Saturday, March 10, 2012

Combining the results of several studies related to - if done right - can improve the statistical weight of its conclusions

When it comes to study the roles of gender and sexuality size really matters, but not in the way you might think. A recent example occurred in the research on gender differences, between 1993 and 2007, involving more than one million people.

general statistical data, the better. It is true that what you do with it makes a difference, but great is the best in the land data. Nothing will put a smile on your face to the statistics, but a strong presence.

But as I explained in a previous article, take a large sample is often simply not possible for whatever reason usually to do with time and money. For example, data collection of over one million people, as in the study of gender differences would be a great feat.

One way to solve this problem is related to a meta-analysis.

The term meta-analysis is so common in newspaper articles as they are often not given an explanation of what it really is. When we read: "Scientists have conducted a meta-analysis", it is assumed that this is a good thing and move on. But there is always a good thing, whatever it is?

prefixing things with the target word certainly makes them look a bit futuristic and cool. "Meta" often means that the thing is to talk to him. Very intellectual. For example, the language is a language for talking about language. Metadata is data about data. You create the metadata every time you mark a photo of a friend on Facebook looking worse for wear after a night.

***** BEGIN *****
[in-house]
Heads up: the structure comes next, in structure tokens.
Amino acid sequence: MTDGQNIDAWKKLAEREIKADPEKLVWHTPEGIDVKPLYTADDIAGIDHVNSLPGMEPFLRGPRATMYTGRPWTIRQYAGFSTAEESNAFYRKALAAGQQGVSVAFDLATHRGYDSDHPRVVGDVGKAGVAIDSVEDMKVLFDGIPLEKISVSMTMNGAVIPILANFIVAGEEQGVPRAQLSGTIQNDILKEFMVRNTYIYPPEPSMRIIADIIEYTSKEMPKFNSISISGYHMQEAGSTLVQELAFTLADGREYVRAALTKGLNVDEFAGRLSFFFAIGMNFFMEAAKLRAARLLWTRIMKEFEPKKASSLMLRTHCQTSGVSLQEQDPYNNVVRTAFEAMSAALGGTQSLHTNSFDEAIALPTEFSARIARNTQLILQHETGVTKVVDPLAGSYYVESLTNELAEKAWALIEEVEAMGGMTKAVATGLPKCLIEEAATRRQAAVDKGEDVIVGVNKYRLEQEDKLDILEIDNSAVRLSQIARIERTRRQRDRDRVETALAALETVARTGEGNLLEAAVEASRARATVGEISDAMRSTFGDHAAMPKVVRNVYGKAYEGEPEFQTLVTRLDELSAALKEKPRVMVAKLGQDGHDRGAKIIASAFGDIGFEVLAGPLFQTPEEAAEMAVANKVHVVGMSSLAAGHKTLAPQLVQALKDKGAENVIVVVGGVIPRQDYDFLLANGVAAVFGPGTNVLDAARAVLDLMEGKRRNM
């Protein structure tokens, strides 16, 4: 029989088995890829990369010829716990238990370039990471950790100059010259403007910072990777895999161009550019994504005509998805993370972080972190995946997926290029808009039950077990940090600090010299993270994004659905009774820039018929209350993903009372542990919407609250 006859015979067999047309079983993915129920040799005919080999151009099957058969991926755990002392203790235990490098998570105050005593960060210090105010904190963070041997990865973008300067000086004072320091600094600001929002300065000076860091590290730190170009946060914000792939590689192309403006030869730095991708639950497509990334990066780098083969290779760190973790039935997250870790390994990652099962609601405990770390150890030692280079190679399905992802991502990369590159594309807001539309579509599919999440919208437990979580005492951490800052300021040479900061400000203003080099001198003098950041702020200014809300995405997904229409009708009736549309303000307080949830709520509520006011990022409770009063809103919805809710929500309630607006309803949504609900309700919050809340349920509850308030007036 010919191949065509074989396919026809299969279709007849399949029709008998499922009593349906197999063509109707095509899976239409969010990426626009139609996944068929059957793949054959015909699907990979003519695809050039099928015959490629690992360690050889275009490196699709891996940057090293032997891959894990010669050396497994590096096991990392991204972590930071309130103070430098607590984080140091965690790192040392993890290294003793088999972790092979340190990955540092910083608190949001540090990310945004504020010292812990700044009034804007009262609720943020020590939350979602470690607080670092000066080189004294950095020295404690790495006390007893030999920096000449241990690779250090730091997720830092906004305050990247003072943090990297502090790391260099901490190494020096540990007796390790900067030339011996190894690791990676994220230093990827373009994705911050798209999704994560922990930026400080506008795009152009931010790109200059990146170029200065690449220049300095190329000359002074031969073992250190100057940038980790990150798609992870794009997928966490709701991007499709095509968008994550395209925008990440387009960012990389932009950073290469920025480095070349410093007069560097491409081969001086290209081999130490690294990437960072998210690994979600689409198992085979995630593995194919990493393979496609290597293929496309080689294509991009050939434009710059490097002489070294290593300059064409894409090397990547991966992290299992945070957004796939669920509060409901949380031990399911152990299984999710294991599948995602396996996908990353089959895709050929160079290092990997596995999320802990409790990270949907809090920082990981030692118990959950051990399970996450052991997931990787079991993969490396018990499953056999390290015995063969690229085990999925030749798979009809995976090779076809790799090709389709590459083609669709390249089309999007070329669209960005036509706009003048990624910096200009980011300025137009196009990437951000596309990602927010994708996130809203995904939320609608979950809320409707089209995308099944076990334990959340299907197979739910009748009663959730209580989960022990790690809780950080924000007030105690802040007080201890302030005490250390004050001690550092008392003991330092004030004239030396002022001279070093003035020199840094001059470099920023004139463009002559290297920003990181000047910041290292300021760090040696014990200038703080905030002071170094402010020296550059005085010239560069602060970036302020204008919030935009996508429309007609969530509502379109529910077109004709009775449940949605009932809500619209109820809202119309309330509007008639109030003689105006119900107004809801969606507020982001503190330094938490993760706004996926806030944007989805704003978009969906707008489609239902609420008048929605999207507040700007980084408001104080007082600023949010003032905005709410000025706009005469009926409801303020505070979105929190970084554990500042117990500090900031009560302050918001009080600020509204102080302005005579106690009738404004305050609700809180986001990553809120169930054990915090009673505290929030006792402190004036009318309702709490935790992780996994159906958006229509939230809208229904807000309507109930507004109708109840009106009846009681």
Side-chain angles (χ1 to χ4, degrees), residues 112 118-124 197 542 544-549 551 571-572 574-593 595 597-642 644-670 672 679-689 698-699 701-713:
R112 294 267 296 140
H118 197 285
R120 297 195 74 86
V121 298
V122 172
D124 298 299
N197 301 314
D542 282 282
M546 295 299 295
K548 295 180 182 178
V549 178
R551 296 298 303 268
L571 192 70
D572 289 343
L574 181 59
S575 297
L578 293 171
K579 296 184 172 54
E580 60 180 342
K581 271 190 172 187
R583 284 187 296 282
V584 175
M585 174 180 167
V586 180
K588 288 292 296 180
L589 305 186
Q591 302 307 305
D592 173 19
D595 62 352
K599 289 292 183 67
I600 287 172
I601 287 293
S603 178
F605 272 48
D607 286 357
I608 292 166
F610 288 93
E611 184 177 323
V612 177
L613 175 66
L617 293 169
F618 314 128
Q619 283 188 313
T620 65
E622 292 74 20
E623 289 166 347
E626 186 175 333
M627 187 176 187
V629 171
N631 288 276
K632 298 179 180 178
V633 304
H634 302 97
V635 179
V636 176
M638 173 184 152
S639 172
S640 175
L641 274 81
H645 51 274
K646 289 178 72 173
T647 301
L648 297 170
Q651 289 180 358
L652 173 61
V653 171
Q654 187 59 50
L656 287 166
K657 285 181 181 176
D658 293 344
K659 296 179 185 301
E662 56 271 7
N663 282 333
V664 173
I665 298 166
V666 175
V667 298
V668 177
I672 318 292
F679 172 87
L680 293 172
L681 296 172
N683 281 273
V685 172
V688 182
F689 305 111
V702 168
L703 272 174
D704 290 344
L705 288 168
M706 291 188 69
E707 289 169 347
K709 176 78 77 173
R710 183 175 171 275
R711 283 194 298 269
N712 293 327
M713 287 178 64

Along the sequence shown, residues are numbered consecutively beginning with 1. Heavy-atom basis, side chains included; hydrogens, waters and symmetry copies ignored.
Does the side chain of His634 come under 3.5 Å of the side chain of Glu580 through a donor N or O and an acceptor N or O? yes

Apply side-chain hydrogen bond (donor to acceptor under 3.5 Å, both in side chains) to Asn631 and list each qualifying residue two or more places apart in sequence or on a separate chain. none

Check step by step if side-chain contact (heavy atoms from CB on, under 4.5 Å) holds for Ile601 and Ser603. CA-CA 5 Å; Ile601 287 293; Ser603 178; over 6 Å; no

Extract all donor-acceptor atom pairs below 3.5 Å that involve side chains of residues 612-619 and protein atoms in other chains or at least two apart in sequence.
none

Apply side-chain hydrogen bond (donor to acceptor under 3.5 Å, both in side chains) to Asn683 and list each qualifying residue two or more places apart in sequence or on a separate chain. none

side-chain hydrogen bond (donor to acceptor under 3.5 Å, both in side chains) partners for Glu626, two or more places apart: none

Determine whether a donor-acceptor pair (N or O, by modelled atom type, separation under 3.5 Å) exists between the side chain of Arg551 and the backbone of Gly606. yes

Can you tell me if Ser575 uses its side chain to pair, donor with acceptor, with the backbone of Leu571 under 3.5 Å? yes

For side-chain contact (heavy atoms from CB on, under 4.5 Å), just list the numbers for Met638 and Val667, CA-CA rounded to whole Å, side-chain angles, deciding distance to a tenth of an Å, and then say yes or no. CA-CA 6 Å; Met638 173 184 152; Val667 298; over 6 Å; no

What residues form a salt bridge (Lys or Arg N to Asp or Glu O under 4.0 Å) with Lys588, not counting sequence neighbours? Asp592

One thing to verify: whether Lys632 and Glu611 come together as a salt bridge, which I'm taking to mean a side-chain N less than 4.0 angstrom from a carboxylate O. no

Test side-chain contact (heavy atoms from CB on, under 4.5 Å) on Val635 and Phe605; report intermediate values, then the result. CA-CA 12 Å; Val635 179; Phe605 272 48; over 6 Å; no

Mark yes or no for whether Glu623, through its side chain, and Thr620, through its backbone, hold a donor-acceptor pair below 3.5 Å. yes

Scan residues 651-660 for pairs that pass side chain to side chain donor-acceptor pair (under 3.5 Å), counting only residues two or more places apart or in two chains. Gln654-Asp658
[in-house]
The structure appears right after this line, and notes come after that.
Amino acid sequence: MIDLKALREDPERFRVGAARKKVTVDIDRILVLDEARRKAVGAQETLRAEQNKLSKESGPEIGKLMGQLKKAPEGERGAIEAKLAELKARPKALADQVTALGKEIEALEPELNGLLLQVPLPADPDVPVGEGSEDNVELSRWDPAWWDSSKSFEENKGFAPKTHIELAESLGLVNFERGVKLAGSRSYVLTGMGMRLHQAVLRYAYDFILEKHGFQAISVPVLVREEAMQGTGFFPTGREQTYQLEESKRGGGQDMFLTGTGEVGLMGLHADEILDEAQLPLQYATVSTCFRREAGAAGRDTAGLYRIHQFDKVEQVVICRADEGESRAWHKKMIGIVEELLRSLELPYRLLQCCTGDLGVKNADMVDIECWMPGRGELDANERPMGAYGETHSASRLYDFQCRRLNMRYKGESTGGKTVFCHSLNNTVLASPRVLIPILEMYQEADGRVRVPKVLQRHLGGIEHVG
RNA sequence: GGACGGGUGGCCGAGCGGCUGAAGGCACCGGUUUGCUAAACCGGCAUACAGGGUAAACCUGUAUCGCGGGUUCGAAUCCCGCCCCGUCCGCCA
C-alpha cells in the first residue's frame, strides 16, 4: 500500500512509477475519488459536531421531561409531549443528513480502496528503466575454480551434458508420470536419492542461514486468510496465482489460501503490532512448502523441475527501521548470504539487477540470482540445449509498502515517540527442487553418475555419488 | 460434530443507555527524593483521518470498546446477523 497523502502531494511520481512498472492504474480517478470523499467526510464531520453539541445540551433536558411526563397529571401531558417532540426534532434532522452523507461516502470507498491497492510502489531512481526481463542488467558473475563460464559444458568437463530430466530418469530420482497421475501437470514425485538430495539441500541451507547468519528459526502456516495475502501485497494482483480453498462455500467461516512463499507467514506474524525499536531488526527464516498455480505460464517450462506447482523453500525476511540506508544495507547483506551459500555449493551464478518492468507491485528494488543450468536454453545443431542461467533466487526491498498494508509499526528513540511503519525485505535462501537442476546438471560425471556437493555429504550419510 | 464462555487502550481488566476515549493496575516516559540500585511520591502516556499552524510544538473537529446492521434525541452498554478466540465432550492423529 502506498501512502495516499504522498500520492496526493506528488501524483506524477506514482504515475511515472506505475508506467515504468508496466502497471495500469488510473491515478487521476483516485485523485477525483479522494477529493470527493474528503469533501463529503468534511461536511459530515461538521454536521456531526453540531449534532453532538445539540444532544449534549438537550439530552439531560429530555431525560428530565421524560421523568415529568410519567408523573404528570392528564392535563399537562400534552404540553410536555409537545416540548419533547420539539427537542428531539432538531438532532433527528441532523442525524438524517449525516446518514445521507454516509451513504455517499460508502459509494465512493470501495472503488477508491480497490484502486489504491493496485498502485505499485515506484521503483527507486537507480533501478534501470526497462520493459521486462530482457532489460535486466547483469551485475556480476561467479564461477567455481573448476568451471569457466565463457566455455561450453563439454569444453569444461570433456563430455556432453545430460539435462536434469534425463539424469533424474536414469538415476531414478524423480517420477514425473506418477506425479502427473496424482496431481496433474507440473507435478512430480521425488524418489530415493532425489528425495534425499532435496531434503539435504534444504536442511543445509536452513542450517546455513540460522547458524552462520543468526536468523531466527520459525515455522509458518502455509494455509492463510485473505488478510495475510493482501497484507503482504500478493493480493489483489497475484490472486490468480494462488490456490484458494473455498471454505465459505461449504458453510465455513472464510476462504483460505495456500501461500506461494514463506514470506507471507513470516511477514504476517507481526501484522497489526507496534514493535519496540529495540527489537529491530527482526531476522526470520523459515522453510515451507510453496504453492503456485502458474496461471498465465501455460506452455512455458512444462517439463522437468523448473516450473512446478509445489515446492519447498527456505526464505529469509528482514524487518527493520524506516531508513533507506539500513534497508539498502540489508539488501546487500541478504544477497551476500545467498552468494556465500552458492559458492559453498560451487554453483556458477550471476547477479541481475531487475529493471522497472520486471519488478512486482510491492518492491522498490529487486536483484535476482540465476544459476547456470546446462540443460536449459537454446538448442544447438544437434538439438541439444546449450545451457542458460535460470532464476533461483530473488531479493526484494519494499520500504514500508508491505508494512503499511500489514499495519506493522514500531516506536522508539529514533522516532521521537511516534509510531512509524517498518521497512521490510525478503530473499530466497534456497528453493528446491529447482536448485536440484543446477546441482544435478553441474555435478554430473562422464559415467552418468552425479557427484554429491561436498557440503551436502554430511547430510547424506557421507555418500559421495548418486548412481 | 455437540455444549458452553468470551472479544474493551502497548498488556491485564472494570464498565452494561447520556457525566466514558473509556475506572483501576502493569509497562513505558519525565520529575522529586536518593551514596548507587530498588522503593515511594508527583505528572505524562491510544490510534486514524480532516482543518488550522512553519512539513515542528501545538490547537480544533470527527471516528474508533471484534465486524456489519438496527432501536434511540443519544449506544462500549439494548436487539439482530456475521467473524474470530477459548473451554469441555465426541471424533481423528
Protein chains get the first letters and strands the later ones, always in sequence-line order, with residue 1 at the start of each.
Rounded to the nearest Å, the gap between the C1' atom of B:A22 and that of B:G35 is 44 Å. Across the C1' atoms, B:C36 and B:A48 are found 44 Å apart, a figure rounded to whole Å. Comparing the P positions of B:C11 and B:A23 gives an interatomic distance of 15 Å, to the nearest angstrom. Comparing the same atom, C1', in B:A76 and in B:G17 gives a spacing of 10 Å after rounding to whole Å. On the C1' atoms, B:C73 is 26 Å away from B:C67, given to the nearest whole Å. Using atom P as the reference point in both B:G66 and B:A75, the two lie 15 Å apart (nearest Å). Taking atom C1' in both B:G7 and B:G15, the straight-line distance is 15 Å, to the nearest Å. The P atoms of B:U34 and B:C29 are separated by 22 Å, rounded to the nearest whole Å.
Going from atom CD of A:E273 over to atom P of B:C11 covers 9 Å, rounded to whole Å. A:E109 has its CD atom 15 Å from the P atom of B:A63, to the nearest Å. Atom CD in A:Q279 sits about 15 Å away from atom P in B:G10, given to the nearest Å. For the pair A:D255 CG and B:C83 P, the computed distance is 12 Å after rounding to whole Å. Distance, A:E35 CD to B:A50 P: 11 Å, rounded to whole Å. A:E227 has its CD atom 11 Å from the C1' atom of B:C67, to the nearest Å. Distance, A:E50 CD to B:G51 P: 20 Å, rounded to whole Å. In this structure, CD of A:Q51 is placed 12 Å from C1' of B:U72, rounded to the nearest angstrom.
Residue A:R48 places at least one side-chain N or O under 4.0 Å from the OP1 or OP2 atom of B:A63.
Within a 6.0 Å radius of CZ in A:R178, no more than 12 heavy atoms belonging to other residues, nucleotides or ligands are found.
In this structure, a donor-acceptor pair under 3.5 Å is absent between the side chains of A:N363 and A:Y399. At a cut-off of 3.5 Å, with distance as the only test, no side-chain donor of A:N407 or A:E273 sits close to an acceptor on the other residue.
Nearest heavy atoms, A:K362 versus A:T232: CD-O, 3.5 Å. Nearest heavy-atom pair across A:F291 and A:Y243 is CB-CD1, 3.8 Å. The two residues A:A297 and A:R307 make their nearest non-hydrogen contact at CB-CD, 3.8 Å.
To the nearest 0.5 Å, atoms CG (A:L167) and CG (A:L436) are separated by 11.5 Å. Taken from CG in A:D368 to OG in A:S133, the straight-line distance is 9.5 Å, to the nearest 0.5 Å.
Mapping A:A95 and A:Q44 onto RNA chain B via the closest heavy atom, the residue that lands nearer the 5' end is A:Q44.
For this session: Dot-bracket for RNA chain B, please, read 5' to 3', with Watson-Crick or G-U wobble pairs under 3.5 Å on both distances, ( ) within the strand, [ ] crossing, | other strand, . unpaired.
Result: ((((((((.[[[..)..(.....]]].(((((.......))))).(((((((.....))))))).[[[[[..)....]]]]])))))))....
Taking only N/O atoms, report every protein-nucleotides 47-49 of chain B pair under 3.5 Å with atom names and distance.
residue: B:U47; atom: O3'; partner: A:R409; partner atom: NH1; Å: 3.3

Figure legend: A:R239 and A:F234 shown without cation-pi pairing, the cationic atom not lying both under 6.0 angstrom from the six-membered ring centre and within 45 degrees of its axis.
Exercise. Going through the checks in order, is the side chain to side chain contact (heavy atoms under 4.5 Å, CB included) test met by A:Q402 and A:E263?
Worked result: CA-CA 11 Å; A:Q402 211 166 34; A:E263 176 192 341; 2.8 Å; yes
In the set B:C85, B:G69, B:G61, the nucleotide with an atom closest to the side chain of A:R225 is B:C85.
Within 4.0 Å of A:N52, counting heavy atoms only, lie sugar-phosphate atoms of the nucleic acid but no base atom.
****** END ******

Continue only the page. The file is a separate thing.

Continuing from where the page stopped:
The study of gender differences has a large sample size to do just that. The scientists combined 834 studies from 87 countries and seven national data sets to give them more than a million topics.

This pooled data set, we hope, will better help us find what is happening in the world and not just in the small population examined in a particular study. But these studies, although related, is different. You can have characteristics slightly different population, the quality and size of samples, researchers may have made different assumptions. Therefore, do not compare apples with apples. More like apples to apples apples.

is tempting to think that the data, just the sharing of studies sufficient to do everything better. Big can often be the best, but "garbage in, garbage out" is true, and this is sometimes overlooked.


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